Pittsburgh's Renewal: Myths and Realities

Because the popular media remain fascinated by stories of Pittsburgh's contemporary "reinvention," "renewal," and/or "renaissance," I'm returning to the blog just this once to post a link to my own published account of what happened in Pittsburgh over the last few decades.  If all goes modestly well, then anyone doing background research on what makes modern Pittsburgh tick will eventually land here.

"Contrasts in Innovation: Pittsburgh Then and Now" puts Pittsburgh's story in context, pointing out not only what about Pittsburgh has changed, mostly for the better, but also what has not changed.  Naturally, I have some detailed theories about why some things have changed and why some things have not, and my view of the whole tale differs in some key respects from the story that usually appears in the mainstream media.

This piece started as a series of long blog posts here at Pittsblog in 2010.  With some refinement and added material about economic history, it was published in 2011 as a chapter in a longer collection about regional economics, titled "Innovation and Entrepreneurship in Evolving Economies: The Role of Law," from Edward Elgar Publishing.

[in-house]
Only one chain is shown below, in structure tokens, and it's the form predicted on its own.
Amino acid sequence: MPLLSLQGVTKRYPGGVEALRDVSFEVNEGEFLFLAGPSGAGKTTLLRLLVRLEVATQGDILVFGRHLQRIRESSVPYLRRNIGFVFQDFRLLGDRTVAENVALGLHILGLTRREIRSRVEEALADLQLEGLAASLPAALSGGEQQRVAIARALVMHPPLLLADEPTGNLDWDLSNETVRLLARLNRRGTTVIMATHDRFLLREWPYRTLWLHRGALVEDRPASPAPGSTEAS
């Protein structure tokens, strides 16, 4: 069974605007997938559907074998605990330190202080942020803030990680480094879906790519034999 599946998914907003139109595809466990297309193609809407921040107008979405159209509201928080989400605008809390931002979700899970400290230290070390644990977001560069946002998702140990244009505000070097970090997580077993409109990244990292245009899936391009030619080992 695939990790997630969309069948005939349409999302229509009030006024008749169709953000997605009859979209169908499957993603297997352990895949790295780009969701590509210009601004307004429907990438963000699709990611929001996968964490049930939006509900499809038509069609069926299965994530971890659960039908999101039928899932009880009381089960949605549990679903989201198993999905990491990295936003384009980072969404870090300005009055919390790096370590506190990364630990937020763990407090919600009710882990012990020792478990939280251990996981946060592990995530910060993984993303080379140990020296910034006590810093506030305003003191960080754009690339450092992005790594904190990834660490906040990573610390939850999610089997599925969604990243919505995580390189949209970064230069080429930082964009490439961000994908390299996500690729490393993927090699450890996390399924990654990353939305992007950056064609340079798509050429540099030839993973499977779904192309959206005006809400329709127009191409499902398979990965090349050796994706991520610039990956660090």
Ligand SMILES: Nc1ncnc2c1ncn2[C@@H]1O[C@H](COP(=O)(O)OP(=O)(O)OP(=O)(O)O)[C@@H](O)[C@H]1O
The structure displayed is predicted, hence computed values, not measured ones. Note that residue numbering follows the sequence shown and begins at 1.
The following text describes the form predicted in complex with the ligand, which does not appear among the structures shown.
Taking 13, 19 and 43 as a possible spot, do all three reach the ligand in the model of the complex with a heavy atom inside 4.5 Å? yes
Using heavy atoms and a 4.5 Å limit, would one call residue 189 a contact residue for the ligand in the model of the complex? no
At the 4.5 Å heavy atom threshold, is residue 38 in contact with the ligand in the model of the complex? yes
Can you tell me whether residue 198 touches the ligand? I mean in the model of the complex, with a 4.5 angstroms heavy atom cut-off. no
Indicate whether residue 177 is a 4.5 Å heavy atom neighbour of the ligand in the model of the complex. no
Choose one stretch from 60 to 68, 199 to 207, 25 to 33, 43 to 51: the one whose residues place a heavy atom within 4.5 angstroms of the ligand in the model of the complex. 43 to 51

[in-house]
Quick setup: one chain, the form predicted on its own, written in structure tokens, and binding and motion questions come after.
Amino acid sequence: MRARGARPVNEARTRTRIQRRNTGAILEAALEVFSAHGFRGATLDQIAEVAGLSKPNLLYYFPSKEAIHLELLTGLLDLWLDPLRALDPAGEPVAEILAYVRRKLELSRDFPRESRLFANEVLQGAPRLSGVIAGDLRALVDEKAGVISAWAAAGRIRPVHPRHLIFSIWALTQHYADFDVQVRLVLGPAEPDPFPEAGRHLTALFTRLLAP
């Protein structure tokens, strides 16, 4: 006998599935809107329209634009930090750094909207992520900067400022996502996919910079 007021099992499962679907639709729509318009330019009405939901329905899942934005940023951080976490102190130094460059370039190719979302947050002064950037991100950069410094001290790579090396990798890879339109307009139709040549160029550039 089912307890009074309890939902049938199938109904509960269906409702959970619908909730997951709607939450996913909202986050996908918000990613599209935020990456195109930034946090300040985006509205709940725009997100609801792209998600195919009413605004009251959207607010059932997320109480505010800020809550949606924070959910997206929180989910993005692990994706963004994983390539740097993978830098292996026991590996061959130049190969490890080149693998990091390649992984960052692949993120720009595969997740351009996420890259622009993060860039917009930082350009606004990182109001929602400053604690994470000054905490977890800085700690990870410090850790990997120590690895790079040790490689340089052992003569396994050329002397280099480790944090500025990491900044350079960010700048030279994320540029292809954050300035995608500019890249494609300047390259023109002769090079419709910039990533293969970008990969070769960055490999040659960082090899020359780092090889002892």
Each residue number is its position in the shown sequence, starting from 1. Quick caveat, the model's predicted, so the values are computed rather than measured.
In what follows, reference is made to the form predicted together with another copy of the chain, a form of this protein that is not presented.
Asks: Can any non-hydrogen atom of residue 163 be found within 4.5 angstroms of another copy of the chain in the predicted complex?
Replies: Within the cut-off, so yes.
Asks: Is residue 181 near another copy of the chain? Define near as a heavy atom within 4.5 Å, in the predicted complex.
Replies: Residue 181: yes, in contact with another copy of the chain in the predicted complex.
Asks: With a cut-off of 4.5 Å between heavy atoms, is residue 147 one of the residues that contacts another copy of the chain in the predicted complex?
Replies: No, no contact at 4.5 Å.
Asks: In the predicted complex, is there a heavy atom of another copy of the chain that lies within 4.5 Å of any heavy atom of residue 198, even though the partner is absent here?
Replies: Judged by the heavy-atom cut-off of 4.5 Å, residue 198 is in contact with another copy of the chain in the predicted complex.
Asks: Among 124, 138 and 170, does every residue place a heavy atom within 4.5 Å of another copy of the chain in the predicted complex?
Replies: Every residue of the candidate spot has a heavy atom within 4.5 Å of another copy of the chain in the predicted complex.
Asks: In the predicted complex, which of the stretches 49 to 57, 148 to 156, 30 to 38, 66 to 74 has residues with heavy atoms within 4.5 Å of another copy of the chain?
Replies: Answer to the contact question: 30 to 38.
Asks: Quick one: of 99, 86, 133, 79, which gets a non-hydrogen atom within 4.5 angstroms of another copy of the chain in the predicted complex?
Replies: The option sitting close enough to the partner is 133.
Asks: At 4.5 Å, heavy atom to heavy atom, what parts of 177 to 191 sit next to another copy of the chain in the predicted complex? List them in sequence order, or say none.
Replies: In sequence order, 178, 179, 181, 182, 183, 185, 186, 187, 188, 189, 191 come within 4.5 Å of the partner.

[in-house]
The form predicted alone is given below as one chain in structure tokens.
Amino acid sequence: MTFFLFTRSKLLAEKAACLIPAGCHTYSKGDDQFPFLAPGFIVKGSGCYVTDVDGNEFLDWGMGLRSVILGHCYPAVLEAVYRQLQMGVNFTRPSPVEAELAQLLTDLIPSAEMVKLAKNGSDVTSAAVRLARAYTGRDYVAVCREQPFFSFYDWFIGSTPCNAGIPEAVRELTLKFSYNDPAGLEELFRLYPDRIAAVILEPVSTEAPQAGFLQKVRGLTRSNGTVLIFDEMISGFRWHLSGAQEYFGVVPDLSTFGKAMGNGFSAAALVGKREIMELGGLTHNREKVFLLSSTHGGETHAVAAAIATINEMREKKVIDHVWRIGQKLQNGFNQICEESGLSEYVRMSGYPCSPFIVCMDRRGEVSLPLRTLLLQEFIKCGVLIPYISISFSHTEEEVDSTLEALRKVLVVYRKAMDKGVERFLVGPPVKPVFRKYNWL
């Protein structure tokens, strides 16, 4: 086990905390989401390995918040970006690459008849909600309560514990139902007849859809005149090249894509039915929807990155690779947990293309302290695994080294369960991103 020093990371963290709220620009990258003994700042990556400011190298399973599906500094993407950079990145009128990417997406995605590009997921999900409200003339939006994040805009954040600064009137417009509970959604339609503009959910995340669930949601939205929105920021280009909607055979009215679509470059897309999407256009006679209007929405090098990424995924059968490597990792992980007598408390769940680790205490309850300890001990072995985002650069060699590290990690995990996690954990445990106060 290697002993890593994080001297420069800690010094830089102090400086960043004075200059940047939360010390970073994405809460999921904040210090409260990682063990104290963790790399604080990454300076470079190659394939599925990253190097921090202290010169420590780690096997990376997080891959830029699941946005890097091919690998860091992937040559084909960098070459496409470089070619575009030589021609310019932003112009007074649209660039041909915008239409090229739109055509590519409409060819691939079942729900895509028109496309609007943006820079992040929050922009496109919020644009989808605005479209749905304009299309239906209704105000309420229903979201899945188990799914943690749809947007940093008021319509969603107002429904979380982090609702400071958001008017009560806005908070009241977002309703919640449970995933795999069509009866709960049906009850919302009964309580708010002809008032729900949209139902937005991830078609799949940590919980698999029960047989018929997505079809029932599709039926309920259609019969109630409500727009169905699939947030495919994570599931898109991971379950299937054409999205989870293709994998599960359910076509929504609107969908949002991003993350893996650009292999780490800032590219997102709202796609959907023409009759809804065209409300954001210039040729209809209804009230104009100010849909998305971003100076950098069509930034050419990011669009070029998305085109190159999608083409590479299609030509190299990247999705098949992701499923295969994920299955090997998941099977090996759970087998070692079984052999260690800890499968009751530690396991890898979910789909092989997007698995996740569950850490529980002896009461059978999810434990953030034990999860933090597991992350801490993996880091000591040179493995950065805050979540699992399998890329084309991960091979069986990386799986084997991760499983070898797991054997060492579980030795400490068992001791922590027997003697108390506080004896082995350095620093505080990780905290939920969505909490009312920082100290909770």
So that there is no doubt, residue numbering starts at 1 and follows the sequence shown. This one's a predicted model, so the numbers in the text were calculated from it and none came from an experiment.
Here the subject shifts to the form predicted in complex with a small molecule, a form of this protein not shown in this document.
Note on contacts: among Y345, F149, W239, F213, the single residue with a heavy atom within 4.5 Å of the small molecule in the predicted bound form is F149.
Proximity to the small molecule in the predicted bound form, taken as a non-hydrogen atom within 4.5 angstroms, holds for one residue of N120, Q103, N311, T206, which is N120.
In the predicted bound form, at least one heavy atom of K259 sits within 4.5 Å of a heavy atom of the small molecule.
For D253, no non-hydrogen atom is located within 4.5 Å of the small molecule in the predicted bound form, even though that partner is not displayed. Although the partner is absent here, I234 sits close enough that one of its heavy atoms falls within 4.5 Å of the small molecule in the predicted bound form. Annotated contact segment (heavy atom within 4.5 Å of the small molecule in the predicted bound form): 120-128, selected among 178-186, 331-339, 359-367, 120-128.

Download it for free.at http://ssrn.com/abstract=1858741


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About Pittsblog

Pittsblog 2.0 is written by Mike Madison, a law professor at the University of Pittsburgh. Send email to michael.j.madison[at]gmail.com. Mike also blogs at Madisonian.net, on law and technology. Chris Briem of Null Space drops by from time to time.

All opinions expressed at Pittsblog 2.0 are those of their respective authors and of no one (and no thing) else, least of all the University of Pittsburgh.

Pittsblog 2.0 has a motto: "It's steel good in Pittsburgh." Say it aloud, with a Pittsburgh accent.

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